- Ensure everyone is clear on their roles.
- Check in regularly with your team so that everyone is on the same page.
Cisco does a great job of ensuring there’s no miscommunication by having a single web page containing all the necessary information. | Source
Tip: The answer to all your problems is a streamlined social media approval process. That means nobody in your team posts randomly without going through a well-defined process first.
Thanks to this approval process, your marketing team members understand their roles and follow a hierarchy before sending out messages.
- You can avoid conflicting messages and untimely replies.
- Your team is sending fewer messages to prospects.
- Your social media communication is more consistent.
- You are wasting less time and resources.
Now, let’s see how you can ensure seamless social media collaboration with these eight tips.
1. Set Goals
First, you need to set goals. These goals have to be:
- In line with your business goals
- Specific and appropriate for each smaller team inside your marketing team
- Clear for each member
- Split into clear objectives
Each team should know what is expected of them. More importantly, they should understand the order of their tasks.
Here’s what the process of setting goals would look like for your marketing team:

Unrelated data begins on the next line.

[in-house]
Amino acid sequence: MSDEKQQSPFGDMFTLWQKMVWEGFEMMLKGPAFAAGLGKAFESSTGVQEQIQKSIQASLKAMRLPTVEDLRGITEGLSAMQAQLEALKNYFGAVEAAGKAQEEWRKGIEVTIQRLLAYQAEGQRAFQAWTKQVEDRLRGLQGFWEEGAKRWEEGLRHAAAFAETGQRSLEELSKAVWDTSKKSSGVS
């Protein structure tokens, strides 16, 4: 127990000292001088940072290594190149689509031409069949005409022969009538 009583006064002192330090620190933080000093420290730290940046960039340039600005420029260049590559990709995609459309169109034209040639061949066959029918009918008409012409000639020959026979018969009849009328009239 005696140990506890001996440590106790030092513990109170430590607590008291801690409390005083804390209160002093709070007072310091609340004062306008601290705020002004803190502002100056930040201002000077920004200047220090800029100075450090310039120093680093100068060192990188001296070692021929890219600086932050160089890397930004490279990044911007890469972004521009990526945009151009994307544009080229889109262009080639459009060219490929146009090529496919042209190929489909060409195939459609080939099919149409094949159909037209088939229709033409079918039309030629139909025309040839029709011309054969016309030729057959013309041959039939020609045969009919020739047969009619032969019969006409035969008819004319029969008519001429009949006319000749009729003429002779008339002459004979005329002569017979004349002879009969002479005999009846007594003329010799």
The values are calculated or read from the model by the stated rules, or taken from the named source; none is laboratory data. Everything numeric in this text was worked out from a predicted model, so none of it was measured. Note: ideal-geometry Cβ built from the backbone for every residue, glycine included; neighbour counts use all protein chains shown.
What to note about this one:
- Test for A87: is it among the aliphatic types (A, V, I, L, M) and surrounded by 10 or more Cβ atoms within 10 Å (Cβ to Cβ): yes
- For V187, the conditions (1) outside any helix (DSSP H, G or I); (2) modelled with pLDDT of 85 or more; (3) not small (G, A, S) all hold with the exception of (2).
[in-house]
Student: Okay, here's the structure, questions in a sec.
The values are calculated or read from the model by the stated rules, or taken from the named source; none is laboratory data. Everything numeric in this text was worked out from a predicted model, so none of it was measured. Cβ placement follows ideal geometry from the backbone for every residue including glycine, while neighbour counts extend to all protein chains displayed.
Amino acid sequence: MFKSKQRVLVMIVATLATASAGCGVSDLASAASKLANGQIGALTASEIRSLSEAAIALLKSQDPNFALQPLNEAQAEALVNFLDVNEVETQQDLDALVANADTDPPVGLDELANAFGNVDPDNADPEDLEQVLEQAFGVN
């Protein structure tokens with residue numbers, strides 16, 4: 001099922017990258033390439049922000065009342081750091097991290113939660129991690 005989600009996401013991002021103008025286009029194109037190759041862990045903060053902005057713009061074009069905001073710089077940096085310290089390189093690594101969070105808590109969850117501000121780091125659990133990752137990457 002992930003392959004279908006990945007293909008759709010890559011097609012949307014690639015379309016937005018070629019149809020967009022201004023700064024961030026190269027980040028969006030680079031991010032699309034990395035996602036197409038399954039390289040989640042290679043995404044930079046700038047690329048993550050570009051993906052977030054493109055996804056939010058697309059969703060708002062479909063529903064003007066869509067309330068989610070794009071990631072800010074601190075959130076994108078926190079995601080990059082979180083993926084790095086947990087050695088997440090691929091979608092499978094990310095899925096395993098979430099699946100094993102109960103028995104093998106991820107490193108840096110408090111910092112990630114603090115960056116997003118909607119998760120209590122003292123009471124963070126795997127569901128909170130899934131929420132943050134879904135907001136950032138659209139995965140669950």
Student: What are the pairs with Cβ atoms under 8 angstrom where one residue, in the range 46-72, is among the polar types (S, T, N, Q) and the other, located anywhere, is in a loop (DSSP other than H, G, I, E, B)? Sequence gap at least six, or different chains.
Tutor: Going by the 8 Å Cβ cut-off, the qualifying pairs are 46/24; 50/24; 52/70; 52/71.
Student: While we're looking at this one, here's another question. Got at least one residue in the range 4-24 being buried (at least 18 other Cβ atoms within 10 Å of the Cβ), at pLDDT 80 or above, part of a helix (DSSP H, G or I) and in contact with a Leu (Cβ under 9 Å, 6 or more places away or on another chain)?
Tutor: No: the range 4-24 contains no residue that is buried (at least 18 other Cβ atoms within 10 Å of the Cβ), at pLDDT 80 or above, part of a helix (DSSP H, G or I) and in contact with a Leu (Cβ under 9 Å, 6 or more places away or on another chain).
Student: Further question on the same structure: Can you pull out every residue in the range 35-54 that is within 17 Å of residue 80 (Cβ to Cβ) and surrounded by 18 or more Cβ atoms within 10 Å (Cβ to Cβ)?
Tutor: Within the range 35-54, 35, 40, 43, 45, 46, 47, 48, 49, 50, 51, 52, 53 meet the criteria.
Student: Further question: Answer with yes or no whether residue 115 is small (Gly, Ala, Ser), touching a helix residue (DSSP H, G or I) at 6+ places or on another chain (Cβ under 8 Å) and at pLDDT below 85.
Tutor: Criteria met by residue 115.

2. Establish Social Media Processes and Guidelines
After you have set the general goals, you need specific rules and guidelines for each goal. That means you want everyone to know the roadmap they’ll follow to complete their tasks.
You want to clarify the following:
- What team will first start the project
- Who will they pass the ball to, and what’s expected of them
- Deadlines for each smaller team/person
- Evaluation and verification process
- Overall schedule
- Performance indicators
For example, let’s say your goal is to produce one social media post. Your team has to know exactly the following:
- Who will conceptualize the strategy for that post, and by when
- Who will pick up the creative process, and by when should they finish
- What team should they be collaborating with
- Who they’ll present the finished creation to (e.g., stakeholders, clients, etc.)
- How the verification process is conducted and how approval is granted
- How the posting will occur
- Who will monitor that post and reply to it
- Who will monitor the KPIs (e.g., engagement rate, comments, shares, likes)
- Who will monitor this post’s success and how inside the ongoing campaign
- Who will change/edit the post if it’s not performing as expected
3. Assign Roles
The section above leads us to one essential observation:
You can’t establish a clear process for everyone unless you have precise roles for all your team members.
Usually, a marketing team that deals with social media has the following people:
- Social Media Manager, the overseer: The social media manager makes sure everyone collaborates with their team successfully. They also do general research and assign tasks.
- Content Creator, the enforcer: Content creators receive briefs, putting their creative cogs at work to research and deliver the required content.
- Community Manager, the connector. Community managers manage relationships with the community. They’re involved in communications and PR, including events and some customer service. They’re also the ears of your marketing team, using their top-notch interpersonal skills for social listening.